LePage, who on Monday threatened a veto if the budget didn’t eliminate the program, did not speak to the press about the issue Wednesday. Bennett said he finds parts of the negotiated deal unacceptable, but she did not say whether the governor would veto it.

“We do know a significant piece of this bill is unacceptable to him,” she said. “There are not the structural changes needed to fix this welfare system.”

When lawmakers arrived at their desks Wednesday, they received a one-page letter from LePage. As he did in his State of the State address, he wrote that Mainers earn less than workers in other states, yet spending on “welfare benefits” is above the national average.

“I ask all of you, where is the outrage?” he wrote. “Maine’s Medicaid program has grown at an unsustainable rate, and spending is out of control.”

In December, LePage proposed $221 million in cuts to the state’s Medicaid system, called MaineCare, to get the program through this fiscal year, which ends June 30, and the next year. That would have eliminated coverage for 65,000 people.

Since then, the Appropriations Committee has decided to delay action on about $84 million involving the more controversial cuts.

The proposal approved Wednesday would phase out health insurance for childless adults by freezing enrollment, which would save money through attrition and reduce benefits in future years. The plan would save $11 million.

LePage proposed saving $22 million by eliminating the program immediately, which would have left 18,600 Mainers without health insurance.

The $140 million in the committee’s proposal bill includes $59 million that would come from moving money from the next fiscal year to this one, $20 million that would come from Dirigo Health and hospitals, $11 million that would come from the coverage changes for childless adults, and $11 million that would come from collecting overpayments to MaineCare providers.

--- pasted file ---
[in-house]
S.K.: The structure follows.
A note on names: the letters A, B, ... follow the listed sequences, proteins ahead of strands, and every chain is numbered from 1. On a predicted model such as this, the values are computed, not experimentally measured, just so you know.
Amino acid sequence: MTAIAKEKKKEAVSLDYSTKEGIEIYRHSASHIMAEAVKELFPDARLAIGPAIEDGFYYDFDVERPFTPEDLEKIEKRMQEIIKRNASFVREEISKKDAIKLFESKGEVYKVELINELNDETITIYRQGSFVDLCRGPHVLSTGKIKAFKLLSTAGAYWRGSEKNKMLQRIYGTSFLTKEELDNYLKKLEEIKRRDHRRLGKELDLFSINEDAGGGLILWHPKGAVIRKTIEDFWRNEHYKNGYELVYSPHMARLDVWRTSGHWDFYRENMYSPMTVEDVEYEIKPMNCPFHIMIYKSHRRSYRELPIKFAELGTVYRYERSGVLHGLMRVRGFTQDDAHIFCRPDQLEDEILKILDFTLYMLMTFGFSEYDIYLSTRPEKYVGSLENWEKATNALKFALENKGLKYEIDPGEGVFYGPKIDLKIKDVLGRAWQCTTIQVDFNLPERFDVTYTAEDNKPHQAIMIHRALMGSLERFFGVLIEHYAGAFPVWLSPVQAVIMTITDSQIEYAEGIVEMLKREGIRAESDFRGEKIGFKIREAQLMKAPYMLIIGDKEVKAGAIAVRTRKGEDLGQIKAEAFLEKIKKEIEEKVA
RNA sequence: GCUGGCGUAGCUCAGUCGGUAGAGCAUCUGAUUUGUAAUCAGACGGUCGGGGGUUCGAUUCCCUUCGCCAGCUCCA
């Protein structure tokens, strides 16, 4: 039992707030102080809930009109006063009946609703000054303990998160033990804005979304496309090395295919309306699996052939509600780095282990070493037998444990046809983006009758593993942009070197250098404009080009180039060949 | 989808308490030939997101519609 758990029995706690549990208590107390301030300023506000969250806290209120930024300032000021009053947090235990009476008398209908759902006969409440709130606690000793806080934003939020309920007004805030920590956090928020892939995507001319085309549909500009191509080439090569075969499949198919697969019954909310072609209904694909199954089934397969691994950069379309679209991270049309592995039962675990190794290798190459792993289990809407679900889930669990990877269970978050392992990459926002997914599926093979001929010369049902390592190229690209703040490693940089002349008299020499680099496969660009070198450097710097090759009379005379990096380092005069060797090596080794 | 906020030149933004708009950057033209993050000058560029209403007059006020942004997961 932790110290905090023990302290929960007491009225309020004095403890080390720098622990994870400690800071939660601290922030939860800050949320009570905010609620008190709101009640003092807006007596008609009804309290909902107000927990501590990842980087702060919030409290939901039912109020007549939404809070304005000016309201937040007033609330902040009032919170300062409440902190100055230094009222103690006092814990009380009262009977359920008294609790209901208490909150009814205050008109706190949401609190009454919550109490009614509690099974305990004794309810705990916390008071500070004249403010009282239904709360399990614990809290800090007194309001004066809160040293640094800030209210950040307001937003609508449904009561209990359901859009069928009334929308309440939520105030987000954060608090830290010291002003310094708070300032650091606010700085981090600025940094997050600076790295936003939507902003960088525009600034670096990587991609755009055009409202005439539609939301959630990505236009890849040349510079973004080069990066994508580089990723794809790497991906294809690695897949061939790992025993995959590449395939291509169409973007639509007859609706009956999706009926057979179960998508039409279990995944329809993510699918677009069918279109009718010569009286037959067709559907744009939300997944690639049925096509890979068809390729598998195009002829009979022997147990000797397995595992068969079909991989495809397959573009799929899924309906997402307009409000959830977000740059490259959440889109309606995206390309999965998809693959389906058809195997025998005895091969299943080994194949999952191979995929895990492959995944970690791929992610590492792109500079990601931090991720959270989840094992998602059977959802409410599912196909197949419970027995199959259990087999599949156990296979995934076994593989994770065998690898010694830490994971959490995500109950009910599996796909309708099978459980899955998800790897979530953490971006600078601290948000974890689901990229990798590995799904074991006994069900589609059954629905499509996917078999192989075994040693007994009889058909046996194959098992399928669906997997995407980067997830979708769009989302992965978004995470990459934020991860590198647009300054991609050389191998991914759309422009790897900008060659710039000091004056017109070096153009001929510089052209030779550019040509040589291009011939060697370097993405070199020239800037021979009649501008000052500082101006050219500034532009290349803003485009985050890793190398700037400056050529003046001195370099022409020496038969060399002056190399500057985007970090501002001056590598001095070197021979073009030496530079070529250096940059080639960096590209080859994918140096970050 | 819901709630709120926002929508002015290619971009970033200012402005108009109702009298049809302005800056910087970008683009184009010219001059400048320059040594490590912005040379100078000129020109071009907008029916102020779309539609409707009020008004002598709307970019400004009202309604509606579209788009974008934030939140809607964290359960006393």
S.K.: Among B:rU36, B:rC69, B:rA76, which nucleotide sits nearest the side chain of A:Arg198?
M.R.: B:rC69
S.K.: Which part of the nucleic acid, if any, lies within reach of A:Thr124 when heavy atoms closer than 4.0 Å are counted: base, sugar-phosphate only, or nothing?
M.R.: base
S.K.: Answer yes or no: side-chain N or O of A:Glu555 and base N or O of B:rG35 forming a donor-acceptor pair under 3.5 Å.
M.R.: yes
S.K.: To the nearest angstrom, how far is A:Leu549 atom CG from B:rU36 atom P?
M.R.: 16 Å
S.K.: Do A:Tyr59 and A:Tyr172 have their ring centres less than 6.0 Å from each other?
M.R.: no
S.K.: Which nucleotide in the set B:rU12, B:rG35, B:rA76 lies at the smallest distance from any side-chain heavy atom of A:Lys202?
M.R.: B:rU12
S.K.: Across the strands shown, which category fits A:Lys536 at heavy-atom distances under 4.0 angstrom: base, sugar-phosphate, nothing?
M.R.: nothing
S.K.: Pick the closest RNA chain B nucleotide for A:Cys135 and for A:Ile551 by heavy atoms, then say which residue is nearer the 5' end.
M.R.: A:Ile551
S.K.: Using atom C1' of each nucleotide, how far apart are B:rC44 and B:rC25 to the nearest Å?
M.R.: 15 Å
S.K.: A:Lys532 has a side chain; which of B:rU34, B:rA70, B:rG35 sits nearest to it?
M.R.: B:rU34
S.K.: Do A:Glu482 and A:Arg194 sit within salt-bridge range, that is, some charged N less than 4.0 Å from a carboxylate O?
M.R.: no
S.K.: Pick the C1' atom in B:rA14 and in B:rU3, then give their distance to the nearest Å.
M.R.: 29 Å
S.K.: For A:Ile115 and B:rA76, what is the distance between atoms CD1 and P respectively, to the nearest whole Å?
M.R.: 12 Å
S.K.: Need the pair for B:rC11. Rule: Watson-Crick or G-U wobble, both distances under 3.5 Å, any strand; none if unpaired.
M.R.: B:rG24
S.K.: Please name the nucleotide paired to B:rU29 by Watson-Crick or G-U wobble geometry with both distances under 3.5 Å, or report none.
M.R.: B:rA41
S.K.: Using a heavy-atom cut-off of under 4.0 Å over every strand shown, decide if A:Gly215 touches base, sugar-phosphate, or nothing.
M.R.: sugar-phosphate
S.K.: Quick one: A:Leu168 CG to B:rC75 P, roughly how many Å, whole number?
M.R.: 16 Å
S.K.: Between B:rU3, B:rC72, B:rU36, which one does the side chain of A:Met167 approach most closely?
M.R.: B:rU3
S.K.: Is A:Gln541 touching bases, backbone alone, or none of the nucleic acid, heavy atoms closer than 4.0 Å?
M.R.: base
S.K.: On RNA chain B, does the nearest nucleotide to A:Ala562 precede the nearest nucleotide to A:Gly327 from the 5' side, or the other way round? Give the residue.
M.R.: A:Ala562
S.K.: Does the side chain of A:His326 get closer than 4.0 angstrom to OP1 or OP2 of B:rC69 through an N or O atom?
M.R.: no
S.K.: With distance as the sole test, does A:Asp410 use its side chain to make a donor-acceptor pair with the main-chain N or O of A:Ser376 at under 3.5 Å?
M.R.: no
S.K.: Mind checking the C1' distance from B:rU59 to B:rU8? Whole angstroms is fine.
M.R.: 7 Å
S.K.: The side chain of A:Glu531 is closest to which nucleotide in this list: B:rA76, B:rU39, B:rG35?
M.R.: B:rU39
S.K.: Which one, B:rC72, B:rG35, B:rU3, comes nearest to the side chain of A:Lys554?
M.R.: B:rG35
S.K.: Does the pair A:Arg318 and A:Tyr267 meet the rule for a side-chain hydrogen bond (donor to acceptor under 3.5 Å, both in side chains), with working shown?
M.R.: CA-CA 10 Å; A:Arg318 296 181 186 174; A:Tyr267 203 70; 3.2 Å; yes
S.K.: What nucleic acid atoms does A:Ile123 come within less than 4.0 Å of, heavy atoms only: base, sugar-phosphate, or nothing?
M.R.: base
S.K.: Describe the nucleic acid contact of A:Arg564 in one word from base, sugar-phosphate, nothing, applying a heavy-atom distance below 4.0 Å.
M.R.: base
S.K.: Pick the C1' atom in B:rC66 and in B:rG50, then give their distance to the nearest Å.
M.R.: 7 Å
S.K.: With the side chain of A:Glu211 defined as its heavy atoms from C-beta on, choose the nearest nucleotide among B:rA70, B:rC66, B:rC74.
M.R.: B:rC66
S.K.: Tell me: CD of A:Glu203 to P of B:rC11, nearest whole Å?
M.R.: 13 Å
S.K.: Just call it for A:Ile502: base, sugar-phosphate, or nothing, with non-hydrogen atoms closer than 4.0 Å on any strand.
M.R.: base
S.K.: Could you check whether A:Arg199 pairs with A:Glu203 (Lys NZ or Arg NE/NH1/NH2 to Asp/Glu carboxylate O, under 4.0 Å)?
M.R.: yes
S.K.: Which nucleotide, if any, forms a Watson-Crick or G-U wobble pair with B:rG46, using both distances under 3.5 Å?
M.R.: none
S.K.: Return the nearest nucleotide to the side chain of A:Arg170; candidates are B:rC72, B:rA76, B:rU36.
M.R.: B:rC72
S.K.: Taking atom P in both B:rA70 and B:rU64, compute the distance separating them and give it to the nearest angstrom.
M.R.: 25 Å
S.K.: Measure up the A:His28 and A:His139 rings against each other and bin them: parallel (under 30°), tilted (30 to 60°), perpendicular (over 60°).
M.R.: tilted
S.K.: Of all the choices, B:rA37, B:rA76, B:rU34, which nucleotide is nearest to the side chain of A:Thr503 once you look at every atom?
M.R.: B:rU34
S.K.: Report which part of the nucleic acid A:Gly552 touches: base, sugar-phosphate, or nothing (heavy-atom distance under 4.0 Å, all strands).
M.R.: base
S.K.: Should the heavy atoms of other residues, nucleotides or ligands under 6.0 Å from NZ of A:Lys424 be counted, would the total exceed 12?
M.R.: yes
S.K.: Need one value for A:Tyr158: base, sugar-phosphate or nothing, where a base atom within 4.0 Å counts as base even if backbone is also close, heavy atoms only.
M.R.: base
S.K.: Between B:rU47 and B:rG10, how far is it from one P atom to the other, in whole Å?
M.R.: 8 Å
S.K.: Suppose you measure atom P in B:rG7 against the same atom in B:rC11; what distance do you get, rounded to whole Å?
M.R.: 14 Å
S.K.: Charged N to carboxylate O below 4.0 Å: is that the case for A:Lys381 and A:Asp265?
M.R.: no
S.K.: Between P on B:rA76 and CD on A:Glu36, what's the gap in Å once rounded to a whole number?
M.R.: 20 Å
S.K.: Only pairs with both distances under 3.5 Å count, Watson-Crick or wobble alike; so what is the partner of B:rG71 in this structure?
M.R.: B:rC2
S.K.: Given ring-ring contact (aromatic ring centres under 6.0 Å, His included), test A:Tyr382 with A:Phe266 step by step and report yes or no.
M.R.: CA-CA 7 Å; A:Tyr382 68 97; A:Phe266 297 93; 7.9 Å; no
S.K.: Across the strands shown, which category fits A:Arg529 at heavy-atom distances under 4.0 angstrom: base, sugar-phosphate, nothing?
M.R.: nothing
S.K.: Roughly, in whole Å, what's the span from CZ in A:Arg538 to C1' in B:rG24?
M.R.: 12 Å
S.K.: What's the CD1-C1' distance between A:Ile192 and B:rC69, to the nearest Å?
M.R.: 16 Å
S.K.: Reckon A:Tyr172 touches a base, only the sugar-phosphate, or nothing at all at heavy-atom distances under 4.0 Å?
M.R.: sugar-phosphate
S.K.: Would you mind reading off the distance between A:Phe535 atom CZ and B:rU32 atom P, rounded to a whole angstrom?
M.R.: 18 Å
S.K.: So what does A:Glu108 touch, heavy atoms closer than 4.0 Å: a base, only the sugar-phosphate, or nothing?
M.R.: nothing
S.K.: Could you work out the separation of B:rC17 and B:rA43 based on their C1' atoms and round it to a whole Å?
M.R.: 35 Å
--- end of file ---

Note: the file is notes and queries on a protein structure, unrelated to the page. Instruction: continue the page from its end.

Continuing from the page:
Democrats and Republicans in the Legislature said Wednesday that no one is fully happy with the compromise, but both sides got some of what they wanted.

“It pays the bills,” said Sen. Richard Rosen, R-Bucksport, the Appropriations Committee’s Senate chairman. “It balances this budget. It has ongoing structural reform in MaineCare programs that’s significant.”

House Minority Leader Emily Cain, D-Orono, said the committee made significant changes to what LePage proposed.

“We landed in a unanimous place that I believe is a good product,” she said.

Susan Cover — 620-7015

[email protected]


Highlights of the $140 million budget-balancing package endorsed by the Appropriations Committee:

$59 million by borrowing from next fiscal year to this fiscal year

$10 million transfer from Dirigo Health

$10 million in cuts to hospitals

$11 million in savings from MaineCare coverage for childless adults

$11 million by collecting overpayments to MaineCare providers

Highlights of an additional $25 million in cuts to balance the budget in the 2012-13 fiscal year:

$3.2 million in reduced payments to hospitals

$2.3 million from the University of Maine System

$2.2 million to eliminate a program that helps at-risk youths

$2 million in cuts to DHHS contracts


$40 million to $60 million that would have come from the closure July 1 of private non-medical institutions, which are residential and group homes for the elderly, disabled and people with substance abuse addiction.


An $84 million shortfall will have to be resolved in the coming weeks. Here are some potential cuts:

$37 million saved by getting waivers from the federal government to cut MaineCare programs

$25 million in cuts to the Fund for a Healthy Maine, the state’s tobacco settlement fund

$5 million in cuts to Head Start